charity: water's 2011 Annual Report

A lot has happened this past year.
Read all about it in our Annual Report.

In the Field

Our History With

Moale & The Bayaka

They sharpen their teeth for beauty. They climb trees for food. And until recently, nearly all 16,000 of them lived without clean water. Deep in the jungles of the Central African Republic (C.A.R.), the Bayaka pigmy tribe depended solely on surface water and streams contaminated with bacteria.

In 2010, our September Campaign set out to give every member of the Bayaka clean, safe drinking water. And the village of Moale was first on the list. There had been three previous attempts to dig and drill a well there, but all three failed.

Our local partner Jim Hocking of ICDI
with Etienne Ikopa

We Hit Water
in Moale!

During the 2010 September Campaign, we also failed to find water in Moale. But in 2011, we returned with determination and a new technology, to deliver on our promise. After 10 years of waiting, Moale finally got clean water in July, 2011. (And 74,000 additional Central Africans got access to clean water, too.)

Raised for Central African Republic
People served
Views of our live drill video

    Water-related illnesses are a leading cause of death for kids. Clean water can reduce diarrheal deaths by up to 21%. With soap, water can also quickly rid the feet of “jiggers” - a parasite that makes walking painful for rural kids in C.A.R.


    People in Moale used to walk half an hour to get dirty water from an open source. Now, spending less than half that getting clean water, the Bayaka have more time in their fields. More time to prepare food. More time to take care of their families.


    The people of Moale invested $200 toward their new water project’s construction and now regularly collect fees to cover any maintenance. Community members have formed a water committee to watch their well.

The 2011

September Campaign

In 2011, we tried something different. Historically, we only funded actual water projects.
But we knew that by expanding our partners’ capacity and giving them a new drilling rig,
we could serve more people -- 40,000 more people every year, to be exact.
So we launched the September Campaign to fund the purchase of a drilling rig.

Follow the rig on a map »
Raised through 2011 September
campaigns on mycharity: water
Amazing mycharity: water
more people a year
with clean drinking water


We made our case in the September Campaign trailer, and our supporters responded with enthusiasm. Over 1,100 mycharity: water fundraisers helped us surpass our $1.2 million target, and in November we debuted Yellow Thunder, charity: water’s first large-scale capital investment.

2 matching drilling rigs


Inspired by the September Campaign, one of our longtime supporters, Virginia Clay, offered to match donations and funded a second drilling rig.

Our Mobile Mechanics Program in


At charity: water, we know that building a water project is the easy part. Keeping clean water flowing over time, however, is a complex business that requires money, training, and innovative thinking. It's something we've always been committed to. Last year in India, we tried an entirely new approach: investing in entrepreneurs from the ground up, helping them grow their small businesses to repair broken wells.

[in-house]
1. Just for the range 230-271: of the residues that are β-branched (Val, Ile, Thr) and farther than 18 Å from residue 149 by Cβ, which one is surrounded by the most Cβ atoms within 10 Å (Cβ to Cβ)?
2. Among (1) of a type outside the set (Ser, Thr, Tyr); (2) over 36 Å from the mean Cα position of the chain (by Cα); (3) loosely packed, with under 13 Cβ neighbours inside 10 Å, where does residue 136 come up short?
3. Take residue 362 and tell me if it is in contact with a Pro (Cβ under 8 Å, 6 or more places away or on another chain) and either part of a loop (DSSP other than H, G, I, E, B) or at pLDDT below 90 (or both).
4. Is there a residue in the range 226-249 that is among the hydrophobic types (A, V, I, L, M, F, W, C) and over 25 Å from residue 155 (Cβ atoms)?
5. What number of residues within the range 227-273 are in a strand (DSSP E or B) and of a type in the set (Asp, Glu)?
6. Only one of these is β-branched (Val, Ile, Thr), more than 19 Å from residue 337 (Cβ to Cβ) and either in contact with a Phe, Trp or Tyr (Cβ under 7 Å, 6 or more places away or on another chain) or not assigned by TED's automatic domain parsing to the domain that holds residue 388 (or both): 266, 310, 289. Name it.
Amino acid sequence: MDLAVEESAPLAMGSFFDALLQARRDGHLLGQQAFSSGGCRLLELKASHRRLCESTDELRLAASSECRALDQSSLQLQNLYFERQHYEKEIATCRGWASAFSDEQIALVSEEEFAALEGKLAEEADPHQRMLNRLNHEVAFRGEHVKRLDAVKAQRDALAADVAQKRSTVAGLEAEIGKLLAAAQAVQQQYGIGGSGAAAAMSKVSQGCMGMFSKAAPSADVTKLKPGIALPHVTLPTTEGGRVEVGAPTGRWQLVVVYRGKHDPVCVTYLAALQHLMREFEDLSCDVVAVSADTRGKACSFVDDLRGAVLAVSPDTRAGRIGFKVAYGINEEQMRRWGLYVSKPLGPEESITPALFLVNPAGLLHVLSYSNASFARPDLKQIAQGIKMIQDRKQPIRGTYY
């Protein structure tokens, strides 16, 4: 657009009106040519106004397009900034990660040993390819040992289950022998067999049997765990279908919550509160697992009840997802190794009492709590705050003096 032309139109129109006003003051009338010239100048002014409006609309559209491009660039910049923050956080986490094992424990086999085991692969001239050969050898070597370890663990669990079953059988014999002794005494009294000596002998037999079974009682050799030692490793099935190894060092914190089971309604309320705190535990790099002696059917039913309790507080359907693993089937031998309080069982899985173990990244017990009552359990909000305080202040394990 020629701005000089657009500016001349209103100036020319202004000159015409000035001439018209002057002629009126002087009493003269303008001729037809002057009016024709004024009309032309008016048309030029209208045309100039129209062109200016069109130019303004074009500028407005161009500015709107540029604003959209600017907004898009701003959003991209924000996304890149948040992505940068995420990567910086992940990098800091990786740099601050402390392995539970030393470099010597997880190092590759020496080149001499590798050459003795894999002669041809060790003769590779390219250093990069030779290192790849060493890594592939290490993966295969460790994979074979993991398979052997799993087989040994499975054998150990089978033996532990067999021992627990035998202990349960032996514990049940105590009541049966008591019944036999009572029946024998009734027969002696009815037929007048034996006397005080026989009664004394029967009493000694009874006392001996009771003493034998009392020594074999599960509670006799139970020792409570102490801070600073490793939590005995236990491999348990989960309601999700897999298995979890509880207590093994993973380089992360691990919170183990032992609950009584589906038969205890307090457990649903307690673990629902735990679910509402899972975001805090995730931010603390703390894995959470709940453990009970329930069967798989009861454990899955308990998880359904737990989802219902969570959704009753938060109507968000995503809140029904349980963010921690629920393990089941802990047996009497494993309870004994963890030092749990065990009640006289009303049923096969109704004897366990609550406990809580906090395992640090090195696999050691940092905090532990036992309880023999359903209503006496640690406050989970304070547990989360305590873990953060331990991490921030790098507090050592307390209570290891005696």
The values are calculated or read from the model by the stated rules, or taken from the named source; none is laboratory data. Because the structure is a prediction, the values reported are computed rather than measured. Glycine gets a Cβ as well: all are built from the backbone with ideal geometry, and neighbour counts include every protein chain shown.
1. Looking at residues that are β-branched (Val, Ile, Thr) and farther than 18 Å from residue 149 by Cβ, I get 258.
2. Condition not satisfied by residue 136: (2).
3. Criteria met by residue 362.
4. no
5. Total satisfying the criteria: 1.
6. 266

Asharfi Lal is almost 40 years old. He lives in one of India's poorest states, Uttar Pradesh. His area is a dry one, and if you go back just a few decades, you'll see that most of the people here had no access to clean water.

In 1981, the Indian government decided to change that, and quickly. In just ten years, thousands of wells were installed across Uttar Pradesh. That was good news for people in the '80s but, as it turns out, not so great for their kids. The UN's "Water Decade" (1981-1990) may have included a ton of new wells, but what it didn't include was a full-fledged maintenance program to keep them running over time.

Soon after the wells started failing, the government responded by creating repair teams. Asharfi remembers when he came across one of them for the first time. He went home and practiced on his own time by repairing his own hand pump. After working for the government, he eventually started his own business.

If he wanted to grow,
Asharfi needed venture capital. Early last year, he got it.

Through a new well mechanics program started by our local partner, WaterAid, Asharfi was recruited for training. charity: water invested $64,000 across four mechanics centers, including Asharfi's, training and equipping a total of 21 mechanics. Suited up with advanced tools, a crew, and a facility to manage, Asharfi's team was challenged to repair 50 wells by the end of the year.

When we met him halfway through the year, his team had already repaired 150 wells. Collectively, the four teams we funded were able to reach four times the number of people as originally planned. Of the total requests for hand-pump repairs, 93% were successfully addressed within 24 hours, and only 3% of repair requests took more than two days to address. Within the next few years, Asharfi hopes to expand his team to include 10-15 more mechanics that will cover a larger area of 100 villages.

Our Partners on the ground

charity: water chooses experienced partners in the field to build and implement our water projects. They know the land, the people, the culture, and the most appropriate technology for each location. They report data from the field and provide proof of our projects with photos and GPS coordinates. Our work would not be possible without them.


Partner Countries Water Projects People Served
Action Against Hunger 2 31 32,000
Concern Worldwide 6 544 126,000
A Glimmer of Hope 1 639 196,000
IRC 3 128 144,000
NEWAH 1 34 4,000
Pump Aid 1 240 24,000
REST 1 FS 250 Drilling Rig N/A
Samaritan's Purse 1 300 100,000
Water Aid 3 277 38,000
Water For People 6 228 89,000